Moving further from the Sutherland Report’s demand for ‘value for money’. the University Grants Committee (UGC) was first established in 1965 to be responsible for advising the government on the development and funding of the then two institutions of higher education: the University of Hong Kong and the Chinese University of Hong Kong. The Hong Kong Government now plays a dominant role in higher education provision and development. At present. and relaxing the quota for non-local students in publicly funded undergraduate and taught postgraduate programs to 4%. the government announced suddenly in March 2003 another 10% cut in funding for the UGC-funded institutions for the next academic year and indicated forthcoming further cuts. While higher institutions in Hong Kong are run and ruled autonomously by their own ordinances and governing bodies and their academic freedom is well protected by the Basic Law (Article 137 in particular) of the Hong Kong Special Administrative Region (Postiglione 2006). opening the market for Chinese mainland and international students. they purchased research from foreign countries. Policies adopted by the UGC significantly influence the development of the higher education sector (Mok 2001). In 2000. removing the quota for non-local research students. The linkage of the employee salary scale of UGC-funded institutions with that of the civil service was also abolished. quasi-marketisation and corporatisation in public policies and services (Cheung 1997). The research tradition in Hong Kong universities only started in the 1990s. there are eight institutions of higher education that are funded through the UGC. and role differentiation among universities was demanded. the 1978 government policy allowed for only 3% growth in tertiary education (Shiev 1992). the Hong Kong Government has adopted a variety of strategies along the line of managerialism. When the government or industries were in need of knowledge for policy design or technological innovation. Based on the British model. the Chief Executive proposed massification of higher education with 60% of secondary school graduates pursing tertiary education by 2010. In the 2000 Policy Address. when the Hong Kong Government began to pay much more attention to the higher education sector. Downloaded by [Michigan State University] at 07:34 30 May 2013 . There were hardly research provisions from the universities in Hong Kong. The government induced marketisation of higher education by making all taught postgraduate and sub-degree programs operate on a self-financing basis. 6 Á7). a funding cut of 4% on higher education took place. their development is mightily driven by the higher education policies surrounding the academy. Yang example.394 R. without sharing the financial responsibility needed for the expansion. especially Britain. The UGC then instructed a research Áteaching divide among the institutions funded under its aegis. Since the early 1990s. The Sutherland Report published in March 2002 attempted to impose a consensus on all the UGC-funded institutions to be united as ‘one body’ in order to make Hong Kong an ‘education hub’ in the international academic market (Sutherland 2002.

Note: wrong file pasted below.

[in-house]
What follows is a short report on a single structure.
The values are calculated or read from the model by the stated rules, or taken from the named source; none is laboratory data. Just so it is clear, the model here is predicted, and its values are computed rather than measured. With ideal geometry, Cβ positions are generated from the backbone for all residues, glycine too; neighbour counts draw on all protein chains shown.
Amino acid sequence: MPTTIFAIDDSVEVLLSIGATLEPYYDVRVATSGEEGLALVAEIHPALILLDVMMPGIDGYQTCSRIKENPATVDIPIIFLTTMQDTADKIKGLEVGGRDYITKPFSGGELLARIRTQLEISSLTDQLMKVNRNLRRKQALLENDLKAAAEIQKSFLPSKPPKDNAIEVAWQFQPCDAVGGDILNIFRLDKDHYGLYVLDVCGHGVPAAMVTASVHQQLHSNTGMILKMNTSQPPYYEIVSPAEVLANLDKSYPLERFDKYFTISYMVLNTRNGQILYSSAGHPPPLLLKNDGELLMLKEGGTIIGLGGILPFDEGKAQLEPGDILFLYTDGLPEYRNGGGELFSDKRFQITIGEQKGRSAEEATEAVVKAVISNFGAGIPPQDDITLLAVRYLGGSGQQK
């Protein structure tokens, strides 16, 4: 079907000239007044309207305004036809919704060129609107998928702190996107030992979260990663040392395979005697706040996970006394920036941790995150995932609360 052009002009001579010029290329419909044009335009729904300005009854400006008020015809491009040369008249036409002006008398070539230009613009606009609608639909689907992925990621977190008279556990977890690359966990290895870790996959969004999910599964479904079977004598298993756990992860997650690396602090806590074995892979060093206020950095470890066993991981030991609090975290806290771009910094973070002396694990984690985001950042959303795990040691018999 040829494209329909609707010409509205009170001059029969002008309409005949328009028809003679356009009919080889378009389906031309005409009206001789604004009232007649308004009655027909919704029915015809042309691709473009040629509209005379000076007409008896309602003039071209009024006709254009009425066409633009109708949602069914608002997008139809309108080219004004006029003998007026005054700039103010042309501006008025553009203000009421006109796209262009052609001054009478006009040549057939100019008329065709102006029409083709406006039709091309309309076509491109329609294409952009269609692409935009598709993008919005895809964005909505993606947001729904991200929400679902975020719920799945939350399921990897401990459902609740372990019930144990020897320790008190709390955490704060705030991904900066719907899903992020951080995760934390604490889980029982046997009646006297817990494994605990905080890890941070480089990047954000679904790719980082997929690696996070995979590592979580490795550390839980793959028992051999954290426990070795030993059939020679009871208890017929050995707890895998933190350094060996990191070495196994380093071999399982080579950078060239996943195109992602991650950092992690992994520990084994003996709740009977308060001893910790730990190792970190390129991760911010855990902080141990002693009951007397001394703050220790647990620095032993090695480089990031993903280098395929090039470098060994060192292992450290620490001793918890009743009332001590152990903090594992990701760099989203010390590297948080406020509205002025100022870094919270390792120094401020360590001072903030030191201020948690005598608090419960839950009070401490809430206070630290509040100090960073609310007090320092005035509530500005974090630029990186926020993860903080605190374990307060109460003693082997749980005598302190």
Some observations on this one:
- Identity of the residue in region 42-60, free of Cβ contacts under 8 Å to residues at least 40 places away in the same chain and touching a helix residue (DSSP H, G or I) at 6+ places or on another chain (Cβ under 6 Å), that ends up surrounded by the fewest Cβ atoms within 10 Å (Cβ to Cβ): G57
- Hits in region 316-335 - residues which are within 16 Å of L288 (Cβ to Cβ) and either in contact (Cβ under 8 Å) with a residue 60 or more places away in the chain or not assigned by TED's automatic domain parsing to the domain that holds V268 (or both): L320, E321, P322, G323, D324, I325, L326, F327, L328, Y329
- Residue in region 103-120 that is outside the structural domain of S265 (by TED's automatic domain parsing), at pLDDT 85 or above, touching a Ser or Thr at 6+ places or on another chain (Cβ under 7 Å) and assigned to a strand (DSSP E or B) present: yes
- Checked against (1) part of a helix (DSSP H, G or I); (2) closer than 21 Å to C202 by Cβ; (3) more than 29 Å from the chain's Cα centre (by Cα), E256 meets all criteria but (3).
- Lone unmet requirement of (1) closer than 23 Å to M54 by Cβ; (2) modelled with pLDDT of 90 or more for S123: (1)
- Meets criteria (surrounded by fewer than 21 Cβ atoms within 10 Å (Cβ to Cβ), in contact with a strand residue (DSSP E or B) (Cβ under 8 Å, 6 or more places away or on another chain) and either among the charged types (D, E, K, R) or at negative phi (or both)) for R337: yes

although they have been pushed strongly by the government to diversify their sources for revenue. academic entrepreneurship is hoped to be used as a means by universities in Hong Kong to react to their shrinking financial commitment from the government. institutional management and quality assurance. Instead we should roam free on a pasture’ (Wong 2004. elected deans have been replaced with directly appointed ones. and that Hong Kong culture is extremely material-oriented. producer and professional services. and intervenes in the individual institutions’ managerial systems and affairs on the grounds of a rational and effective use of resources (French 1999). especially those sitting at the pinnacle of the system. that high academic salaries are linked to types of employment conditions rather than to individual performances. higher institutions in Hong Kong. In response to the financial crisis in 2008. based on the belief that appointment of deans would enhance their accountability to the university’s central administration and enable smoother communication links between the senior management and the faculty (Mok 2001). have not demonstrated the innovative dimension of entrepreneurship. For example. Hong Kong Chief Executive Donald Tseng established a Task Force on Economic Challenges with himself as chair. Little action at institutional and individual levels Driven by a purpose to run higher education institutions efficiently and borrowing of the ideas and practices from enterprise. for example. The task force suggested that higher and continuing education play an expanding role in the region.Globalisation. As remarked by the Pro-Vice Chancellor of the University of Hong Kong: ‘A university will be like a domesticated animal in a zoo if it relies on the government to feed it. 163). and tourism. . Within this policy context. It selected ‘six new engines for economic growth for Hong Kong’s knowledge-based economy’ to complement the traditional four pillars of financial services. Education service was one of the six new engines selected to diversify the local economy in the wake of financial crisis and global recession and help power it towards recovery. research. due to the combined effect of the facts that Hong Kong higher education institutions have long been well-fed relatively. trading and logistics. urged his members to conduct more applied research and develop more links with the business and industrial sectors in order to attract external funding. They have not undertaken academic entrepreneurship in their domestic and international marketplaces. The Vice Chancellor of the Chinese University of Hong Kong. One example is Hong Kong’s lack of success in creating an Asian highereducation hub. However. Societies and Education 395 Downloaded by [Michigan State University] at 07:34 30 May 2013 Government spending cuts have forced universities to look for other sources to generate revenue. the UGC is increasingly able to disseminate its accountability agenda in the Hong Kong higher education system in teaching.